The lipofuscins can be compared to cholesterol because monitoring and lowering these toxic molecules could do for macular degeneration what cholesterol measurements and cholesterol-lowering drugs, such as the statin class, have done for cardiovascular disease. In some cases of macular degeneration called geographic atrophy, holes appear in the macula that are surrounded by clumps of lipofuscin. "One of the worrisome issues with the lipofuscins is that they are insoluble and form aggregates akin to plaques, suggested Dr. Rando. In addition, he noted the lipofuscins and their readily formed oxidation products are highly retinotoxic for a variety of reasons, which includes their propensity to react with DNA and other macromolecules.

One way to stop the formation of lipofuscin is to put a brake on the vision cycle. In a 2005 issue of Biochemistry, Dr. Rando and his collaborators reported finding key elements in the visual cycle pathway and designed a group of novel small molecule antagonists for some of them. Their approach is illustrated by studies on the functional and mechanistic importance of a protein that is almost exclusively found in the retinal pigment epithelium, and is essential for the vision cycle. In two additional and previous publications in 2004, one in the Proceedings of the National Academy of Sciences and another in Cell, Dr. Rando and his team found evidence to suggest that this protein is involved in the slow step of the cycle, making it a potential drug target. As anticipated, small molecule antagonists of this target both selectively inhibit this protein's function and slow the visual cycle. As further described in the January 24, 2006 issue of the journal Biochemistry, Dr. Rando, members of his research team, and collaborators at Columbia University, selected small molecule antagonists that they had previously synthesized and showed that they can also stop production of the retinotoxic lipofuscins. In mice that are genetically predisposed to forming excessive amounts of lipofuscin, administration of the inhibitors completely blocked formation of the A2E lipofuscins, the most common components of lipofuscin found in the eye.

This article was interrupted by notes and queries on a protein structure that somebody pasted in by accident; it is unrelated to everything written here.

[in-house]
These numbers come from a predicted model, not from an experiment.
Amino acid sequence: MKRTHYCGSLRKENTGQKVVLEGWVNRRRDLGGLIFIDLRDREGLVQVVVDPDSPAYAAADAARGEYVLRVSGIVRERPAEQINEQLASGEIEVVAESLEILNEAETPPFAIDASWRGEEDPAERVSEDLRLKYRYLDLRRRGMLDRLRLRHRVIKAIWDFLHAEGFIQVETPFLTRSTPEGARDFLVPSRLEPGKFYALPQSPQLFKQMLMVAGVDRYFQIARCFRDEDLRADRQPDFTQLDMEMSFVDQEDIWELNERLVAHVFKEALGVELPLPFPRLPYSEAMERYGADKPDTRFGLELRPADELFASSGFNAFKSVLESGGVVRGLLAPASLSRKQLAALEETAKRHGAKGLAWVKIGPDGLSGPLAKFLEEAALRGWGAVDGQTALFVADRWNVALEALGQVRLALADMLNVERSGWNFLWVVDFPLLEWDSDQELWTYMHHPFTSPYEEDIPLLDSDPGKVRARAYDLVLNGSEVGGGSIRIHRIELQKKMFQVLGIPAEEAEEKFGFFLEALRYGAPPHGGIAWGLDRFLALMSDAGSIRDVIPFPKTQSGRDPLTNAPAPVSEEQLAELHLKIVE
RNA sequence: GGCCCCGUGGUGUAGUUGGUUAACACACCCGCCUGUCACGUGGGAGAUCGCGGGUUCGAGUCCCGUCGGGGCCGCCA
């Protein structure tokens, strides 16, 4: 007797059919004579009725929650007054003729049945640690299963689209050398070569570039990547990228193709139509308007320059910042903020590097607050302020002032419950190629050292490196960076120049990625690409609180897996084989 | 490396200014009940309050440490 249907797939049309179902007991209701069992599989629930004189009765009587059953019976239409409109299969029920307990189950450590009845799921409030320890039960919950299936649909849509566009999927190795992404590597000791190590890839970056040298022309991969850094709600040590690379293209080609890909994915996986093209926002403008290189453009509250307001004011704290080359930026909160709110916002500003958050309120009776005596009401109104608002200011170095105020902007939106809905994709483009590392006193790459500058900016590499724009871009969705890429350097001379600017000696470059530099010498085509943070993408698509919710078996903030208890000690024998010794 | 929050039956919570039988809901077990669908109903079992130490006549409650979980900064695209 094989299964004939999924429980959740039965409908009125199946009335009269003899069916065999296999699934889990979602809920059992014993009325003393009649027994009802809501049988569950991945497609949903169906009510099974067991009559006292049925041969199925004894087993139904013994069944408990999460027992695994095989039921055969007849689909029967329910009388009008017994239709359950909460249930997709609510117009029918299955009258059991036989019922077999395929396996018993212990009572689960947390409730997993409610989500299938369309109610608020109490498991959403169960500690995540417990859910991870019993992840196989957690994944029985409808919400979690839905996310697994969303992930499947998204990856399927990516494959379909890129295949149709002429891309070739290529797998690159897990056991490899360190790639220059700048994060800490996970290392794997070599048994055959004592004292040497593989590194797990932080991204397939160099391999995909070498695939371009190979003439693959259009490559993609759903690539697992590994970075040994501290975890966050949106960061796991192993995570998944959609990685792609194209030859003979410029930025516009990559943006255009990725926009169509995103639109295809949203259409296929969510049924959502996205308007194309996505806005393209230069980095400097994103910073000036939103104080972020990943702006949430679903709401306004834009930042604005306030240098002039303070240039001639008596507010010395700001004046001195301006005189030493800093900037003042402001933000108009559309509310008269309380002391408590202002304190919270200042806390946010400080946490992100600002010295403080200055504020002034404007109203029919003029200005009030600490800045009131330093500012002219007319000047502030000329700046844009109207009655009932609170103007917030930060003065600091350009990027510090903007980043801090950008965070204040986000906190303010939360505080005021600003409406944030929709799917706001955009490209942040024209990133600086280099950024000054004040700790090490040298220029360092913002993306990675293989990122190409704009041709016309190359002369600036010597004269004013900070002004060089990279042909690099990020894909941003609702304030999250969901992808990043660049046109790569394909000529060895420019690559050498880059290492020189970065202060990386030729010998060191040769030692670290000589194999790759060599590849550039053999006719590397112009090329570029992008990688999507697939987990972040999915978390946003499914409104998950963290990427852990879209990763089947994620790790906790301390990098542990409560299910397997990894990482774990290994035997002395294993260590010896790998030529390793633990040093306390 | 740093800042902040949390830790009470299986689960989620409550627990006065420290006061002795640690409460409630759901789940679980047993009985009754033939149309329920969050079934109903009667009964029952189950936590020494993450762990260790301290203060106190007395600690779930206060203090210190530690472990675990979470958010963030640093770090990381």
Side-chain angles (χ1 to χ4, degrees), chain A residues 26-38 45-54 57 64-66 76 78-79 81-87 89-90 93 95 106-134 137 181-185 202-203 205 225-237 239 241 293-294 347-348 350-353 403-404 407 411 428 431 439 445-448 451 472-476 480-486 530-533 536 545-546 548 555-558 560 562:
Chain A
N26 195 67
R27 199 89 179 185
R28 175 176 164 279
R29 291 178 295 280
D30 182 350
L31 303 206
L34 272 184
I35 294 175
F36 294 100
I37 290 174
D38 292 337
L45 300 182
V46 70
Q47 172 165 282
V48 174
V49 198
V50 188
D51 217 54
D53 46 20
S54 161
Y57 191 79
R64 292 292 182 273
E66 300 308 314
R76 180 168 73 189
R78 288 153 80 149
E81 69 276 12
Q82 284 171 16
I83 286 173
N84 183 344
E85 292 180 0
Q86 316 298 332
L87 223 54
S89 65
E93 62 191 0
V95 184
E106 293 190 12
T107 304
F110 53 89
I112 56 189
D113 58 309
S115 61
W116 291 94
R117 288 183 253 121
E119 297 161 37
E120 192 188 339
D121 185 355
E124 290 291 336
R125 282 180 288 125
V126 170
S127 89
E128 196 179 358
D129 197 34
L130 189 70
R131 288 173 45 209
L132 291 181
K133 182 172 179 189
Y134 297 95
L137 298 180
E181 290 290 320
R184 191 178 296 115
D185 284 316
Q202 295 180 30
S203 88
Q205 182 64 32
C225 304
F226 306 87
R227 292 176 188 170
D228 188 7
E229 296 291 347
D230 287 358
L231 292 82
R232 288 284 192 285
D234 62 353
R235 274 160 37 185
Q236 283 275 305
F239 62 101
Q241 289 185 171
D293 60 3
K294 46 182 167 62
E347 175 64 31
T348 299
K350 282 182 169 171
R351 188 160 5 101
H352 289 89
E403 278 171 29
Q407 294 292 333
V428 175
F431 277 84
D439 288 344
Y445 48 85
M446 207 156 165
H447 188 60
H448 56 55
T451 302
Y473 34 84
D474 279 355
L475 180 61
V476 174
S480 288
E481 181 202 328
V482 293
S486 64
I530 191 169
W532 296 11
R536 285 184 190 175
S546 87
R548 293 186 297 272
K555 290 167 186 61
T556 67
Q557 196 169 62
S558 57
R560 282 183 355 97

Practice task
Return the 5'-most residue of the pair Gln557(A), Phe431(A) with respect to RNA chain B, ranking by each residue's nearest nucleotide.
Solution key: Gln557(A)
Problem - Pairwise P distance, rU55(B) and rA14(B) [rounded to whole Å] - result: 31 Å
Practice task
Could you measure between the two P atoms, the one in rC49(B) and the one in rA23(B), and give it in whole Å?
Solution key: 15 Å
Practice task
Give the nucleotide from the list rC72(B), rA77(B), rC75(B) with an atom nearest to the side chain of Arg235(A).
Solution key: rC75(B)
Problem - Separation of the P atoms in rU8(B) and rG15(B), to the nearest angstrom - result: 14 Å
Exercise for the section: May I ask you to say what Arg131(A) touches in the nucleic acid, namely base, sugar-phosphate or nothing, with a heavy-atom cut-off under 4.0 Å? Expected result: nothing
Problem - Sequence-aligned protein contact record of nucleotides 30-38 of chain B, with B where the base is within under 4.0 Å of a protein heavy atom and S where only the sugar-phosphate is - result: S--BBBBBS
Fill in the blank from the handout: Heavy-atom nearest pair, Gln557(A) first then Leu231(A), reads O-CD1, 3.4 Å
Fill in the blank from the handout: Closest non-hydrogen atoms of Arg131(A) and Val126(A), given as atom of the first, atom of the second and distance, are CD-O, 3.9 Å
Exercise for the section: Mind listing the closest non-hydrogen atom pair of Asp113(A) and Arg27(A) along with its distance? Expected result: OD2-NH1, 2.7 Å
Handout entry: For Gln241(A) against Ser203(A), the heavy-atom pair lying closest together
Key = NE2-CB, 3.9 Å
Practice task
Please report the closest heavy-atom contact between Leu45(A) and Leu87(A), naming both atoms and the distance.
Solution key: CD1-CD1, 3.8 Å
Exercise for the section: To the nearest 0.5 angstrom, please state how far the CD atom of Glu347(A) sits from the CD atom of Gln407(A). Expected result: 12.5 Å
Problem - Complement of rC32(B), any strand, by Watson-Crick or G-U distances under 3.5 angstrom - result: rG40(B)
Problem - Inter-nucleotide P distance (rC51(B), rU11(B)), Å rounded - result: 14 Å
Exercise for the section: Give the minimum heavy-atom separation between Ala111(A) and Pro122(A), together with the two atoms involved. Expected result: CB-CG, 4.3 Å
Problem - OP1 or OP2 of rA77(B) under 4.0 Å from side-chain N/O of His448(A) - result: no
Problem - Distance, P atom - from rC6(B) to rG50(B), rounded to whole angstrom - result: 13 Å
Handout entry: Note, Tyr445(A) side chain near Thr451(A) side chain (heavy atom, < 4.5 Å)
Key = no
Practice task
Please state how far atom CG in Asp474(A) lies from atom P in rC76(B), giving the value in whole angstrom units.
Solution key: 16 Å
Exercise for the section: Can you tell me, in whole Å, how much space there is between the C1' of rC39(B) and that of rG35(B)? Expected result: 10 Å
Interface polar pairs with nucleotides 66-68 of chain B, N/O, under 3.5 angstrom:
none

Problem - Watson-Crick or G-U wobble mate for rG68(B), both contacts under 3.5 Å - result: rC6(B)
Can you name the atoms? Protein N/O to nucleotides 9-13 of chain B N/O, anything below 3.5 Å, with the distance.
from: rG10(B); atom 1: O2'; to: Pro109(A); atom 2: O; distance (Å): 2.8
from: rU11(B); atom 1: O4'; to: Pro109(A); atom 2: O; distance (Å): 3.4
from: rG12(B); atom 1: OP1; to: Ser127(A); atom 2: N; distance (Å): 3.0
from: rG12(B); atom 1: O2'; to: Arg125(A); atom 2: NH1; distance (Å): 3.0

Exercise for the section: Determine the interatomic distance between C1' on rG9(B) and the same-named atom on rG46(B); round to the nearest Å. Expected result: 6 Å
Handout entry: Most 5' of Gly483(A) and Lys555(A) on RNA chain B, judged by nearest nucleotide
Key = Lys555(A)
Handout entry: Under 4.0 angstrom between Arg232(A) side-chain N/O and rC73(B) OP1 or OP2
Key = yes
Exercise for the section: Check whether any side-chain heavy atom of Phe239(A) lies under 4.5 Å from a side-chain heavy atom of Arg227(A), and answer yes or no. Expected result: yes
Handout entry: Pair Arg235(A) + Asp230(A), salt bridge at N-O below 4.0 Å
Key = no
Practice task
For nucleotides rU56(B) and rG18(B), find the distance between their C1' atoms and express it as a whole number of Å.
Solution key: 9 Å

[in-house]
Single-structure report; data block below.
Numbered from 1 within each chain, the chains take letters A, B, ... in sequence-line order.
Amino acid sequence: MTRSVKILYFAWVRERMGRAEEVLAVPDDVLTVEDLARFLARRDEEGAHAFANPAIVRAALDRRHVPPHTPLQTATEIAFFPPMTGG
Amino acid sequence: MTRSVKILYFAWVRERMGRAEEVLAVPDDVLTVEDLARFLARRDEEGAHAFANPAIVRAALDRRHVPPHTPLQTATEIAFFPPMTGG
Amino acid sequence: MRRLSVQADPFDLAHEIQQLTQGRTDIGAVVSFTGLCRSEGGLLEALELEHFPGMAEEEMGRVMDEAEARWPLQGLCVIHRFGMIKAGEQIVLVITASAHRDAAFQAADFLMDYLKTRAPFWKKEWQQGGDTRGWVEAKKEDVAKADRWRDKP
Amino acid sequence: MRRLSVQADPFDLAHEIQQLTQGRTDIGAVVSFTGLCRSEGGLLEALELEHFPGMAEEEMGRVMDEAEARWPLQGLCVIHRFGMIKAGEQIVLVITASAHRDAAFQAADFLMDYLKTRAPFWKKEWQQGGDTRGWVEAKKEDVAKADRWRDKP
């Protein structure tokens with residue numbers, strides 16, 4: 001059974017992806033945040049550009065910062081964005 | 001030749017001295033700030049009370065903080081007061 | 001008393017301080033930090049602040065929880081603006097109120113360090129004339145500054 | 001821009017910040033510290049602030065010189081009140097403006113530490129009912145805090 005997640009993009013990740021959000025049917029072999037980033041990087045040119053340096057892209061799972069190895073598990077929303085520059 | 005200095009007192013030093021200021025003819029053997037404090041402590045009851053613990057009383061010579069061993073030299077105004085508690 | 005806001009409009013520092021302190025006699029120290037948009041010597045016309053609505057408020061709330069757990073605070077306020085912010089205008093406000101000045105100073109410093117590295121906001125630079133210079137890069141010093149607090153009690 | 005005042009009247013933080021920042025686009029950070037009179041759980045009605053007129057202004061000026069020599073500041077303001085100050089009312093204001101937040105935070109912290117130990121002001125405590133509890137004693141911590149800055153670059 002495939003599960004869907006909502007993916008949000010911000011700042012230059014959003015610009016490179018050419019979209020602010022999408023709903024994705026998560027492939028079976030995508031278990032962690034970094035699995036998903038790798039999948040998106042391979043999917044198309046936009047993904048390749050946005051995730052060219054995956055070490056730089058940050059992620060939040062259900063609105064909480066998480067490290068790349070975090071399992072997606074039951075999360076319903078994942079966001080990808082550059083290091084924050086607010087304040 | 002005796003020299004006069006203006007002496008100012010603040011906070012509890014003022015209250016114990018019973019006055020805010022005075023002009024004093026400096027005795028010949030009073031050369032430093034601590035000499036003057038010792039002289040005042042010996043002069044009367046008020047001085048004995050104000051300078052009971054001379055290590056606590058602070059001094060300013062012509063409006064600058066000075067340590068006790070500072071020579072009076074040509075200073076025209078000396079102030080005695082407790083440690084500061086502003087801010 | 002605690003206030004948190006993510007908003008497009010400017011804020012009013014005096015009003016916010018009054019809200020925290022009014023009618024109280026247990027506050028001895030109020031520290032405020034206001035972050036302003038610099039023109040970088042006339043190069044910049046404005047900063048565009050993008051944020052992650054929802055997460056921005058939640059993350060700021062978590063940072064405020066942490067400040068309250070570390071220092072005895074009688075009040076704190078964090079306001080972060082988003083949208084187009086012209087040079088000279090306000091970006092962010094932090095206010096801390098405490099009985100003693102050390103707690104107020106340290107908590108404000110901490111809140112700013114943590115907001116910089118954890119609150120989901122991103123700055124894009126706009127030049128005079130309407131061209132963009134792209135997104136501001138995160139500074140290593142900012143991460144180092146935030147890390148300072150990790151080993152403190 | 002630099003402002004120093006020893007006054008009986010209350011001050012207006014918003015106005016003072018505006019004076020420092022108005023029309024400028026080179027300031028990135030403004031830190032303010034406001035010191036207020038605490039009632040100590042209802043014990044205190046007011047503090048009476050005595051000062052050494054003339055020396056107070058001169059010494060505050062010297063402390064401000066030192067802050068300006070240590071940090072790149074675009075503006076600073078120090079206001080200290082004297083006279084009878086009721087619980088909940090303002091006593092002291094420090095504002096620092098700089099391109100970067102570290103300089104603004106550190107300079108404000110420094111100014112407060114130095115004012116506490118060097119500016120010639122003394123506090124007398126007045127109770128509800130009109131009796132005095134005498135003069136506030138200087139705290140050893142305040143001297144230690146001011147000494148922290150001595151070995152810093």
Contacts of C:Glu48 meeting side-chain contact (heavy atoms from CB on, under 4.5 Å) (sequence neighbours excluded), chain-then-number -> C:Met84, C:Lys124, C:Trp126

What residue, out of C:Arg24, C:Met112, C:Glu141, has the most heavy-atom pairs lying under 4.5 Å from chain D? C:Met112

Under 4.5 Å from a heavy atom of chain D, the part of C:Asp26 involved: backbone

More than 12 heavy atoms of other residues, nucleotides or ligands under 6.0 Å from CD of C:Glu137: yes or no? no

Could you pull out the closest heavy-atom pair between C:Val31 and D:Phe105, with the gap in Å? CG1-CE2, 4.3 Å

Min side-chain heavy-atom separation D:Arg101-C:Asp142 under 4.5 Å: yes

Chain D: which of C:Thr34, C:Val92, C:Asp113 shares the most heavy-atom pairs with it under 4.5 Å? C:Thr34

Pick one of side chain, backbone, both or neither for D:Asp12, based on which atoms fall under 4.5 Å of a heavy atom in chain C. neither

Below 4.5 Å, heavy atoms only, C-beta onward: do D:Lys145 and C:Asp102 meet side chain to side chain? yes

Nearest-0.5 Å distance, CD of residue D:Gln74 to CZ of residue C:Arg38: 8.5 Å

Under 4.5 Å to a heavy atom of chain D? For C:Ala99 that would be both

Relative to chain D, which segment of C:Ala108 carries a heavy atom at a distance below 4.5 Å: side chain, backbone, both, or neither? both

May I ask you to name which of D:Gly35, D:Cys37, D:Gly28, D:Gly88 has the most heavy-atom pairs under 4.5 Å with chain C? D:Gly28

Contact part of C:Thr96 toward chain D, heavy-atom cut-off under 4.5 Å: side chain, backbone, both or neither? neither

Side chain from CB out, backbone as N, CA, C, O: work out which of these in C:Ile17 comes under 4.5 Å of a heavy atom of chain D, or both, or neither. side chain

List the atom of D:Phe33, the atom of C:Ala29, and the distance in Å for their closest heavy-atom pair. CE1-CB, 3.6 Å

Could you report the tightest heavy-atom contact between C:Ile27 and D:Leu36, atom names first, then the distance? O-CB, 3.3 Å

"Our own work focuses on basic, mechanistic chemical approaches to understanding the biology of vision. Now that it is time to translate this work into the clinic, it is important to hand it over to experts at using applied chemical and biological approaches," Dr. Rando said. "These approaches are far more effectively executed in the pharmaceutical industry than in academia and that is why we are partnering with Merck."


Harvard Medical School has more than 7,000 full-time faculty working in eight academic departments based at the School's Boston quadrangle or in one of 47 academic departments at 18 Harvard teaching hospitals and research institutes. Those Harvard hospitals and research institutions include Beth Israel Deaconess Medical Center, Brigham and Women's Hospital, Cambridge Health Alliance, the CBR Institute for Biomedical Research, Children's Hospital Boston, Dana-Farber Cancer Institute, Forsyth Institute, Harvard Pilgrim Health Care, Joslin Diabetes Center, Judge Baker Children's Center, Massachusetts Eye and Ear Infirmary, Massachusetts General Hospital, Massachusetts Mental Health Center, McLean Hospital, Mount Auburn Hospital, Schepens Eye Research Institute, Spaulding Rehabilitation Hospital, and VA Boston Healthcare System.